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Stirring up animal passions

August 14, 2004|Don Oldenburg | The Washington Post

WASHINGTON — Better take your dog in tonight -- because pet ownership could be in trouble. Might want to stock up on steaks before meat prices soar as factory farms shut down. And your children are being brainwashed to veganism in school.

At least that's according to the enemies of Wayne Pacelle, new head of the Humane Society of the United States. "He's enemy No. 1," says Beth Ruth of the U.S. Sportsmen's Alliance, a pro-hunting group that has clashed bitterly with Pacelle. Then there's Verna Dowd, editor of the Feathered Warrior, a cockfighting magazine that has lost a third of its 9,000 subscribers since Pacelle got on cockfighting's case.

"The Humane Society should spend half of their time and money on helping the children who don't have homes and stuff like that," she says, "instead of messing with people and their rights."

He's "a wolf in sheep's clothing," duping the public into thinking donations go to shelters for stray cats and dogs when he's bankrolling a radical agenda, says Patti Strand, president of the National Animal Interest Alliance, whose mission includes countering the animal rights movement's goal of ending all animal use.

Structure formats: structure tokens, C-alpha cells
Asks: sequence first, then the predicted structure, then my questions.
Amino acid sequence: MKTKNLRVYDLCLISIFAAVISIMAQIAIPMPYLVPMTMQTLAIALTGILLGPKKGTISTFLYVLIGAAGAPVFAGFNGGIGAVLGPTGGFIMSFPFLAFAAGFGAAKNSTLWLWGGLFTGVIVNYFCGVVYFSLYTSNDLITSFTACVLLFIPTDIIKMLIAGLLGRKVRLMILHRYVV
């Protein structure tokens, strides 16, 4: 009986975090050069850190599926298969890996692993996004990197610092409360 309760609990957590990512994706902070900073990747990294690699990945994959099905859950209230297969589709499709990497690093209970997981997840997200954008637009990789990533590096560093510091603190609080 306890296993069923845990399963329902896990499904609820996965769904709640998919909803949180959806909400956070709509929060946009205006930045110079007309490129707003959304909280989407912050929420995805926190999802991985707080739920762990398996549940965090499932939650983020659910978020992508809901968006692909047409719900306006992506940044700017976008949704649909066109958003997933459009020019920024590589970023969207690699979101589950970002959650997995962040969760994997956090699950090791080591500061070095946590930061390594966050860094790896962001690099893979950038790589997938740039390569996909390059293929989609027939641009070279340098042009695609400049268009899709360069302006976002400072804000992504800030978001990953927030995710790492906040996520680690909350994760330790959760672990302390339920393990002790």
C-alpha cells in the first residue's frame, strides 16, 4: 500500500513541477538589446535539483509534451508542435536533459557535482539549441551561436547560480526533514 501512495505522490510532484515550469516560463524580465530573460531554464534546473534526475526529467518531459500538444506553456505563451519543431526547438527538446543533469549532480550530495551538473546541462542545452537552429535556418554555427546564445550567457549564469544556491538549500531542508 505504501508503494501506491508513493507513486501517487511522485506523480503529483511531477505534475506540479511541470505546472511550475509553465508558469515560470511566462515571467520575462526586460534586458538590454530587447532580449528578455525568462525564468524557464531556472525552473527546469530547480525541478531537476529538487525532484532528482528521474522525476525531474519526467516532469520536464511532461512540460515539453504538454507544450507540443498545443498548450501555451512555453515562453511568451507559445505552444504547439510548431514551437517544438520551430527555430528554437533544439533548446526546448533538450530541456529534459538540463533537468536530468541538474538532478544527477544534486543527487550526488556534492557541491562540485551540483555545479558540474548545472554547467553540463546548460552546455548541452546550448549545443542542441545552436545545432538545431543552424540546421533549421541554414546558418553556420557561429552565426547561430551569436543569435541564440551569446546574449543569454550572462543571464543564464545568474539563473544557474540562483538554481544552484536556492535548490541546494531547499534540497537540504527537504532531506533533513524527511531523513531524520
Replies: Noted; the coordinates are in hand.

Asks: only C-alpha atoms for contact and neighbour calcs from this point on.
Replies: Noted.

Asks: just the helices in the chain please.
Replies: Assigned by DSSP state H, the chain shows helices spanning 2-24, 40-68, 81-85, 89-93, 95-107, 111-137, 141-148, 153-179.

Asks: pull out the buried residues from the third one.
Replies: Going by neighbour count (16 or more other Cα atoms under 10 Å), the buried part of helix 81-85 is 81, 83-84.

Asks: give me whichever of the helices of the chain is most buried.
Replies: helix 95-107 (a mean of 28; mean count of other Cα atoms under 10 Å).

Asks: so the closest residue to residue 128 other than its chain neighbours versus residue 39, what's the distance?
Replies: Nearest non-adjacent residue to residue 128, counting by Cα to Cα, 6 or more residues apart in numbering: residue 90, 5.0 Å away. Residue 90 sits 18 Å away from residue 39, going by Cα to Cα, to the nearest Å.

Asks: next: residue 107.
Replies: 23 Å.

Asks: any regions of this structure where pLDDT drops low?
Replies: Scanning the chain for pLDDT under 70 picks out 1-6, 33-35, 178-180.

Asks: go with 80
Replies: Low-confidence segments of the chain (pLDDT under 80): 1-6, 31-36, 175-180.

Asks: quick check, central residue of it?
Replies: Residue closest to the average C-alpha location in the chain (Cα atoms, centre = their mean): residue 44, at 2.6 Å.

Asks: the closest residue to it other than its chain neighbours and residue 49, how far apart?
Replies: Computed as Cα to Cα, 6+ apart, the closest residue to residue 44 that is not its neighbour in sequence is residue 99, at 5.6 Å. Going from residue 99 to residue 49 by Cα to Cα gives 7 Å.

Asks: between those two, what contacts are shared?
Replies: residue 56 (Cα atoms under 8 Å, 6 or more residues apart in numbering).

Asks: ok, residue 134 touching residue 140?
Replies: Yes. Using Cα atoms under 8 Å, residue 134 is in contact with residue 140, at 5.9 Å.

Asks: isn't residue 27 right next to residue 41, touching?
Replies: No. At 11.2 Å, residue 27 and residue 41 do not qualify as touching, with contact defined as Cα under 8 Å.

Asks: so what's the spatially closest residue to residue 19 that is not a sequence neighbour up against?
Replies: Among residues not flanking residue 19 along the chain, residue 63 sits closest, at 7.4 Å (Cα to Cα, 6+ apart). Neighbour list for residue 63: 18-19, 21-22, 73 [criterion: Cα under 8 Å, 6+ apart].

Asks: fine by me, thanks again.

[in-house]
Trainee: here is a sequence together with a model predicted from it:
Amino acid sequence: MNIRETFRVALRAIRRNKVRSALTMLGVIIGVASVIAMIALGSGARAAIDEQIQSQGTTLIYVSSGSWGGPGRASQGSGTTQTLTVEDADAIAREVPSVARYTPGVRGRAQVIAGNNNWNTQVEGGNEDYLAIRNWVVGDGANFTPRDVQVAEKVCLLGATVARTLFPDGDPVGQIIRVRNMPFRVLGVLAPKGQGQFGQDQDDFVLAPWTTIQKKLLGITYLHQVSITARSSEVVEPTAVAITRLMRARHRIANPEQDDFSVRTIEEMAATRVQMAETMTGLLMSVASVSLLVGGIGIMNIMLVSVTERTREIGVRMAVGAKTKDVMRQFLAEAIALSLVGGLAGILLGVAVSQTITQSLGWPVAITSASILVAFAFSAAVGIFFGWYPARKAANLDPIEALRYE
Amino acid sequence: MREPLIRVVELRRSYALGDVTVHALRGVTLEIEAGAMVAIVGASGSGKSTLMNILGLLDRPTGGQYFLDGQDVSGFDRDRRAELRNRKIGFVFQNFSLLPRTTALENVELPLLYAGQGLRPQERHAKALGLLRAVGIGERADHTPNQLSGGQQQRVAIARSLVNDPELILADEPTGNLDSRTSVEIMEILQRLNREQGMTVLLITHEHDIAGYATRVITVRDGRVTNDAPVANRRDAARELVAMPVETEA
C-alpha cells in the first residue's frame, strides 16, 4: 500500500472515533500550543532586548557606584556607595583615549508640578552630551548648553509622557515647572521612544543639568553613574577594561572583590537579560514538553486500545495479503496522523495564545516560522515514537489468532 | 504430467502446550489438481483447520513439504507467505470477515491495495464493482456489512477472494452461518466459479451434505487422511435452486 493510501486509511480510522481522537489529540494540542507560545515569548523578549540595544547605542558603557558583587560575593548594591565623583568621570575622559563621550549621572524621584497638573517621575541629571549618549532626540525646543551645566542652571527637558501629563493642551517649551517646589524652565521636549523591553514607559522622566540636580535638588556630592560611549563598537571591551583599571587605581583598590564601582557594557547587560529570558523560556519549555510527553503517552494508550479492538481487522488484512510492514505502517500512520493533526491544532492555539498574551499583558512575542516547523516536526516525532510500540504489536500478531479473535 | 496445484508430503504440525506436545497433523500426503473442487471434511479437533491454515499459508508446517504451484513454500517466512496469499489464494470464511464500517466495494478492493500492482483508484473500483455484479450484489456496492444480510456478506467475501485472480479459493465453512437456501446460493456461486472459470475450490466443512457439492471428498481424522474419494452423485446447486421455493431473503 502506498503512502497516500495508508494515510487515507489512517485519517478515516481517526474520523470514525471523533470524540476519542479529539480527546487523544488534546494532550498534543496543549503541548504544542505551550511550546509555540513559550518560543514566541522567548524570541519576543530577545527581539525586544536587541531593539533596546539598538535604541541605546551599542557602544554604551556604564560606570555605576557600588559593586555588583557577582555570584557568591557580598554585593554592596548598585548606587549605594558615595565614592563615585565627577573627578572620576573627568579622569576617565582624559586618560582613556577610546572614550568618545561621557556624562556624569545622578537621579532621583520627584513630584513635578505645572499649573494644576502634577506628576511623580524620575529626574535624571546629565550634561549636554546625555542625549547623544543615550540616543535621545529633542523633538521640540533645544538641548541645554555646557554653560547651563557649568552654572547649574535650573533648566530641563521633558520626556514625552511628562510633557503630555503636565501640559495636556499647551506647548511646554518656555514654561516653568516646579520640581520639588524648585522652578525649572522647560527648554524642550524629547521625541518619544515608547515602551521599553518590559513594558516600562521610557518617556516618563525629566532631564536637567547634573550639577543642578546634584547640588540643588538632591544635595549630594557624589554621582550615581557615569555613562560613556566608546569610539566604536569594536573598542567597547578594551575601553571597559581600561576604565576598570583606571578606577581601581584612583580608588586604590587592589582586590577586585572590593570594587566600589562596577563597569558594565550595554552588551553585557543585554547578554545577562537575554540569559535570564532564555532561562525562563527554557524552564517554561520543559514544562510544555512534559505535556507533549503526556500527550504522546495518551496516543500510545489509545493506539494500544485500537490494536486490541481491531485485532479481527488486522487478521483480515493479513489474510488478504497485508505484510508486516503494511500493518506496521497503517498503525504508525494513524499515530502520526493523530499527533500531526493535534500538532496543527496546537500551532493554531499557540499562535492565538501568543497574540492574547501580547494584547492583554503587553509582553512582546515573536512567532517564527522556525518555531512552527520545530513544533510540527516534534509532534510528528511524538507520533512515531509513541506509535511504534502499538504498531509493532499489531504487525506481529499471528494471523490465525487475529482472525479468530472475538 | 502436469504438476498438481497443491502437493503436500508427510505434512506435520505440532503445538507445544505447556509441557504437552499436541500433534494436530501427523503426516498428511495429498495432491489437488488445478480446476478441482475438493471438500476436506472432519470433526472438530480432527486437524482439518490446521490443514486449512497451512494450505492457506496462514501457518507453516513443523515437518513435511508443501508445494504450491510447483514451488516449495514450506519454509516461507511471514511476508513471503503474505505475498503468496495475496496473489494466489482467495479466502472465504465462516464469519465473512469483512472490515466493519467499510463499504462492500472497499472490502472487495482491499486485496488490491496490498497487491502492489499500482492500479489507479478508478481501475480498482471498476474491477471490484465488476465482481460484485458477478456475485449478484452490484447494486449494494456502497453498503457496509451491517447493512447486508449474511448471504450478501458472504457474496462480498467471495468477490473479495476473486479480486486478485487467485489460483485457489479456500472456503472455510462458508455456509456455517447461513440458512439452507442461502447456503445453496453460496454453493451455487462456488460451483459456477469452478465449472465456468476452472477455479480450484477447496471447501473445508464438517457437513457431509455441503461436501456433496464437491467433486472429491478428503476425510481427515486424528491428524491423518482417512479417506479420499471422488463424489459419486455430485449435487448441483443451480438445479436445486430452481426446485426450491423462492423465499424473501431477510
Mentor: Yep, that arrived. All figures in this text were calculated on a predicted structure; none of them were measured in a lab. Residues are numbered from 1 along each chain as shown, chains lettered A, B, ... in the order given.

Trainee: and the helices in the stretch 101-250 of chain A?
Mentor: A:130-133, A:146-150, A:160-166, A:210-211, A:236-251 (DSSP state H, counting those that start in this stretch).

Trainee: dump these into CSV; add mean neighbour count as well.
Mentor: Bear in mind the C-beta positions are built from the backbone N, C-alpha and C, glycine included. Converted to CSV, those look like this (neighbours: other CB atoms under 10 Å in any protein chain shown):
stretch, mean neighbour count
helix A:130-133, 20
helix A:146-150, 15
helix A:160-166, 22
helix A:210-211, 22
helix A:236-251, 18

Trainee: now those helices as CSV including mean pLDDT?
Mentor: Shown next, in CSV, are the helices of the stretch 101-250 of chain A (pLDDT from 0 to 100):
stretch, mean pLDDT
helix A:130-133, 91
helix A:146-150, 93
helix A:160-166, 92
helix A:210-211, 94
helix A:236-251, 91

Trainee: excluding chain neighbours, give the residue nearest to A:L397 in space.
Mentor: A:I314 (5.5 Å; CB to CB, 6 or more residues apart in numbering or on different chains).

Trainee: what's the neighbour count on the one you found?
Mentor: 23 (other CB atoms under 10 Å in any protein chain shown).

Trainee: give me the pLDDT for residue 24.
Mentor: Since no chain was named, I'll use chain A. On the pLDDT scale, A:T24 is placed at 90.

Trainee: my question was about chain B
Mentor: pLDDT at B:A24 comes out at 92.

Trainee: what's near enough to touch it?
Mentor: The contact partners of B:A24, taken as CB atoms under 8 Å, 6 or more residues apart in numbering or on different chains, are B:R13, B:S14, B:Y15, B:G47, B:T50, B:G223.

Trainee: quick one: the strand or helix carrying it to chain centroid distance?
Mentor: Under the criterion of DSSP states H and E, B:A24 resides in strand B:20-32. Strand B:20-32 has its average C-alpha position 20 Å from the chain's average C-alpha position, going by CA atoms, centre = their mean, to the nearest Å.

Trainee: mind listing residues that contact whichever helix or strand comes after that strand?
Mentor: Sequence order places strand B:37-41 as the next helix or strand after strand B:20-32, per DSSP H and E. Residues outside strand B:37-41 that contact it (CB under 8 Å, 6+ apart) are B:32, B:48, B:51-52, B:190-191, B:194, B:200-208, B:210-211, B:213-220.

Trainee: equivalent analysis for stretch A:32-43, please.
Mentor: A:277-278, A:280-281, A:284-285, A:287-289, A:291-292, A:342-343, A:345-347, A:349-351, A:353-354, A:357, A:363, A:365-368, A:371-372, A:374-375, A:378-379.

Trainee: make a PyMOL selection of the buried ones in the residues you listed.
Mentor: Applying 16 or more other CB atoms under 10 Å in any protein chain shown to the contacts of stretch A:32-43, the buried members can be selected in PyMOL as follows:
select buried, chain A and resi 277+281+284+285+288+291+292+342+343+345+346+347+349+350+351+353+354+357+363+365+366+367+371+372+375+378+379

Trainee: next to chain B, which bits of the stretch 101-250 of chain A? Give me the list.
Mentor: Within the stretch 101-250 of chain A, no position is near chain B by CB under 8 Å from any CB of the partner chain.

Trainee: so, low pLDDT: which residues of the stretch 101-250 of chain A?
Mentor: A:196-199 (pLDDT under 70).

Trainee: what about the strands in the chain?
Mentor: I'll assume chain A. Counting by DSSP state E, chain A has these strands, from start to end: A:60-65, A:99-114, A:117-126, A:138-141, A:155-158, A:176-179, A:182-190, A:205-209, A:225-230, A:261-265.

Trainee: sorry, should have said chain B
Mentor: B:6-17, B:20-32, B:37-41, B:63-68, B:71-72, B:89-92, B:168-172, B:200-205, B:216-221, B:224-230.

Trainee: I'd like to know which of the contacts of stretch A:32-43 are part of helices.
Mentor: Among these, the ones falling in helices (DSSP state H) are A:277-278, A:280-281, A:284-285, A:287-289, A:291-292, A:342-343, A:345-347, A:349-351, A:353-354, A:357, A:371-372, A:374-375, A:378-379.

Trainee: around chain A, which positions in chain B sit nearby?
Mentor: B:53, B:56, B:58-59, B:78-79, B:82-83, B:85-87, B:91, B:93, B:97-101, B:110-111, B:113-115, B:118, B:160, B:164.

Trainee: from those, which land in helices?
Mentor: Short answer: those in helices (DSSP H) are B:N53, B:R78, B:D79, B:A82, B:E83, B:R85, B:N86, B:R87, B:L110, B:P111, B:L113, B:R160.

"The thing about Wayne is he is a very competent spin doctor. He's very good at disguising the true agenda with a message that the public would accept," says Strand. She and her husband, Rod, are authors of a 1993 book that argued the humane movement had become radical. The book is being updated for publication in November under the title "The Bambi Conspiracy: The Hijacking of the Humane Movement." She says Pacelle is a key figure in that "hijacking" and HSUS is a Trojan horse rolled into mainstream America by the extremist animal-rights movement. "It is the fundamentalist wing.... They equate all animal use with animal abuse," she says.

Pacelle is happy to set the record straight for his critics. First off, he says, they are right about HSUS not funding shelters run by local Humane Societies. "Our slogan on that is we don't run shelters, we help them run better," he says. HSUS provides material support and training, publishes two shelter magazines, evaluates the shelters for animal-care standards and acts as their voice on animal-protection issues.

That vegans-in-the-schools allegation? HSUS does have a youth program focusing on cruelty and environmental issues that's in 41,000 U.S. classrooms. Its university program trains college students to work in the field.

But as for strong-arming: "If people are ready to go vegetarian or vegan, that's great," Pacelle says. "If people want to continue to eat meat, I encourage them to choose meat products that are humanely produced and not trapped in a windowless shed for the rest of their lives or, if they're egg-laying chickens, have their beaks cut off" so they don't cannibalize each other in their overcrowded cages.

In his 10 years at HSUS, Pacelle has become adept at working the levers of the legal system. He has shepherded 22 ballot initiatives at the local and state level on issues ranging from dove hunting in Michigan to crate sizes for pregnant pigs in Florida -- and won 80% of them.

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